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Top 20 Taboos in Meru Community: List of Traditions, Beliefs, Customs, & Ancestral Rituals

Top 20 Taboos in Meru Community List of Traditions, Beliefs, Customs, & Ancestral Rituals

What are Meru people known for? Ameru people in the eastern parts of Kenya are famous for among other reasons miraa and strict cultural beliefs. These include non-negotiable traditions and rituals in the long list of taboos in Meru community.

Diversity runs deep in all the 9 sub-tribes making the Meru ethnic group. These include Chuka, Imenti, Igembe, Tigania, Mitine, Igoji, Muthambi, Mwimbi, and Tharaka.

Top 20 Taboos in Meru community

Njuri Ncheke council incorruptible elders lie supreme in all community affairs. Their social rank is crucial in enforcing culture at its best.

 What are the beliefs of Meru community? The traditional Meru society is largely monotheistic on the supreme god called Arega kuthera or Murungu. At heart are these taboos that set Ameru people apart from the rest.

1. Mentioning the name or touching the corpse equalled contamination

Anyone who showed signs of death in the Ameru community was driven to the “hut of death” situated deep in the forest.

In the event death occurred within the house, the structure was destroyed and the body was dragged with a rope for disposal in the forest.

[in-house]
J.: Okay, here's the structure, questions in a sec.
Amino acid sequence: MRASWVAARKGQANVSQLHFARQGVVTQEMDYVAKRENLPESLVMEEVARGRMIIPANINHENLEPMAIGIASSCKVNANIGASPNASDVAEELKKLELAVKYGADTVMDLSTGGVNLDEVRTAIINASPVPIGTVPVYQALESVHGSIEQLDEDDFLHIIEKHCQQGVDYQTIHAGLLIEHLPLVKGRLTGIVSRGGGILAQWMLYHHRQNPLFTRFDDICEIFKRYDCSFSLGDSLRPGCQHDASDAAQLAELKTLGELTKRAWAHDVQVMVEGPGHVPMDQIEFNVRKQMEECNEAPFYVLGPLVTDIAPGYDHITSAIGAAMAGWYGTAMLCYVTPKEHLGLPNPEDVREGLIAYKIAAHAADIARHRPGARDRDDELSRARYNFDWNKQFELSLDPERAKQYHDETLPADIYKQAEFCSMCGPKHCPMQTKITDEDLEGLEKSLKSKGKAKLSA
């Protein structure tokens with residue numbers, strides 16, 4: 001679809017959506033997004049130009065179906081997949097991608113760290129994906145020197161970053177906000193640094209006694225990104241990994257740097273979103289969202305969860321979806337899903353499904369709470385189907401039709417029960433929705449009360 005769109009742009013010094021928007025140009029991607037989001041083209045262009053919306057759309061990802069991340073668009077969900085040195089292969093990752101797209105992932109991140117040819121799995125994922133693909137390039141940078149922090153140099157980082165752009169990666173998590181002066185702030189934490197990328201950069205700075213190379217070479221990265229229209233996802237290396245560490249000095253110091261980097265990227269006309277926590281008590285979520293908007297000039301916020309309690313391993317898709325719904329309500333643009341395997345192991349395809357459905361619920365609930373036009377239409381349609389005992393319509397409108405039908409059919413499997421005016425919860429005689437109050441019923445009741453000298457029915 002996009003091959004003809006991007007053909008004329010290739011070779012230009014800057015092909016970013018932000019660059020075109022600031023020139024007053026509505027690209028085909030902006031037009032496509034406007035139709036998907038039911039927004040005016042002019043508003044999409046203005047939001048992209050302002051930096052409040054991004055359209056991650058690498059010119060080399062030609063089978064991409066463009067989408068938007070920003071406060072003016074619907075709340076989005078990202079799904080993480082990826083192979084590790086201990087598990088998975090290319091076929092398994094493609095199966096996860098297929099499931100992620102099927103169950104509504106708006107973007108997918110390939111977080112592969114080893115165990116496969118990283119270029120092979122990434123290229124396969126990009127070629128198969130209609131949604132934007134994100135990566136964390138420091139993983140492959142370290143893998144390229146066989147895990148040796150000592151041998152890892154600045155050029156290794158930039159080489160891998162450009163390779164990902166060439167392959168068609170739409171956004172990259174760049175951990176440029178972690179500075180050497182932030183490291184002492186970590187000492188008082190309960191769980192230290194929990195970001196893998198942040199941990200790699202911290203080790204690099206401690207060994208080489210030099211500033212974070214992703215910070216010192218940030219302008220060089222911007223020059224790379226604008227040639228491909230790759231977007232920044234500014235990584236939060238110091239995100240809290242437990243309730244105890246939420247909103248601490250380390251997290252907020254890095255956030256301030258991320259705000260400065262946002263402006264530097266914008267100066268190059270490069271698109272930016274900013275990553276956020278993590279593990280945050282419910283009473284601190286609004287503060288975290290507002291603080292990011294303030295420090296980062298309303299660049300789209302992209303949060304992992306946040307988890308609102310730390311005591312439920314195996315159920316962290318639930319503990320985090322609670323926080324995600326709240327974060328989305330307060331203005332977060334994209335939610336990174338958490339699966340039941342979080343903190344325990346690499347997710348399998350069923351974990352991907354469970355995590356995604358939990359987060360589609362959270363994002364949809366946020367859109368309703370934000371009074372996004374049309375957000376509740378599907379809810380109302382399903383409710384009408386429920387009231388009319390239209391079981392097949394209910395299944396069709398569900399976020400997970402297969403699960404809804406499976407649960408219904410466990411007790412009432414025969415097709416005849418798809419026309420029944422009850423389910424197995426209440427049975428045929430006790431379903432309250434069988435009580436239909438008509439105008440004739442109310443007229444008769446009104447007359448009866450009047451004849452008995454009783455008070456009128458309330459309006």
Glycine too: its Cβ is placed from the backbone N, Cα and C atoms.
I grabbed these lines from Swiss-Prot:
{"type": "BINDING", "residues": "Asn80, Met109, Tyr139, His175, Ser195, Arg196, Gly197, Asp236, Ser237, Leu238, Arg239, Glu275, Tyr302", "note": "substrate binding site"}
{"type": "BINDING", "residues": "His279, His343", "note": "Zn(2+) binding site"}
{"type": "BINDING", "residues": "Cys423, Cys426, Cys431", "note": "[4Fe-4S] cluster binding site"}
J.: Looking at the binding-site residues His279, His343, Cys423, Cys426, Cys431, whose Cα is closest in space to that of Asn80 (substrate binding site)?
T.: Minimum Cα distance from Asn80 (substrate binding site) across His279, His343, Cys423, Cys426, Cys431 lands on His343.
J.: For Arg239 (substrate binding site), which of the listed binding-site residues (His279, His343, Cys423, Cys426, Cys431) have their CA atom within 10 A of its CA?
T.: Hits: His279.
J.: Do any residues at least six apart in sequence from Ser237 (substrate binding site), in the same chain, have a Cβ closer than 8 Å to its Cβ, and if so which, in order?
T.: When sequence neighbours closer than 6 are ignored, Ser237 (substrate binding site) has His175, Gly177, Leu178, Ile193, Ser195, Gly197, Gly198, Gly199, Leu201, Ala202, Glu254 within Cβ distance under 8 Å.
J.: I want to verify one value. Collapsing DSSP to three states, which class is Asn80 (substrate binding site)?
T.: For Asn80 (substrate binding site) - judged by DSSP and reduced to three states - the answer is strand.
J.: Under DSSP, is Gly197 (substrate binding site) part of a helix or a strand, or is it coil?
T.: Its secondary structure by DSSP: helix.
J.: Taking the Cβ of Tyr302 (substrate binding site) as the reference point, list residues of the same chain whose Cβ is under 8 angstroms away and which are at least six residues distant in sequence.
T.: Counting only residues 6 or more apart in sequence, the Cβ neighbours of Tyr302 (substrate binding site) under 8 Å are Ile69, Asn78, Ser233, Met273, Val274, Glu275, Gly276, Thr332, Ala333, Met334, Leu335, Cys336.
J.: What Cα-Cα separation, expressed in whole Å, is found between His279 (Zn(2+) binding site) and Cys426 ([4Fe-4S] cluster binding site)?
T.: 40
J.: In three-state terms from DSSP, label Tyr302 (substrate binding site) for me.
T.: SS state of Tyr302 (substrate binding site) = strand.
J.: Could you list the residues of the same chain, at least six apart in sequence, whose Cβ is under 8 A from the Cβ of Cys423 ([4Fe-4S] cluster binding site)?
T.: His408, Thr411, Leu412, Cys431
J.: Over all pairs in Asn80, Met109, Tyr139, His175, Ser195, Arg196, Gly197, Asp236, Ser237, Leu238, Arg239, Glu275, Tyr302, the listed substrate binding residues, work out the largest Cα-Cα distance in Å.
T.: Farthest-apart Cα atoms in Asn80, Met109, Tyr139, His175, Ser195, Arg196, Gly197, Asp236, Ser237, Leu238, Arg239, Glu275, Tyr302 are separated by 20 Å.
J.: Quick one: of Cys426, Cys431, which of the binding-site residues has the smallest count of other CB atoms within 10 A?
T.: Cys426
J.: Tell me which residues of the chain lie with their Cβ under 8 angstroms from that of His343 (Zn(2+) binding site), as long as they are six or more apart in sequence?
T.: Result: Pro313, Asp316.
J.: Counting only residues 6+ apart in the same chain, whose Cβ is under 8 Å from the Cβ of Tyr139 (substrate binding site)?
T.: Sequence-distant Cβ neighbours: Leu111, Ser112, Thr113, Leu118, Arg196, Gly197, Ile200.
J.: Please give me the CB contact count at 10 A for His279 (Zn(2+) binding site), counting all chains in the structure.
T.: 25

No one was allowed to touch the corpse or even mention their name for fear of contamination.

Following the disposal came the Kwenja Rukuu ritual in which all family members were shaved by the one who disposed of the body. In turn, he was shaved by one of the family members.

2. Taboo to sympathize with the family of the deceased

Death is painful but the Ameru worked against the odds to lessen the resulting pain.

Upon disposing of the deceased in the bush, members of the community were prohibited from sympathizing with family members as far as the loss of a loved one is concerned.

3. It is taboo for Meru men to eat arrowroot leaves

The Meru culture prohibited men from consuming arrowroot leaves otherwise called Rûgurû in the local language.

The delicacy was only reserved for young boys, girls, and women.

Most of these taboos are fading away for a lack of traditional religious leaders. As a result, postmodernism is wiping out culture and installing Christianity.

The list of taboos in Meru community is highly interesting because of its unceasing traditions, religious customs, and rituals.

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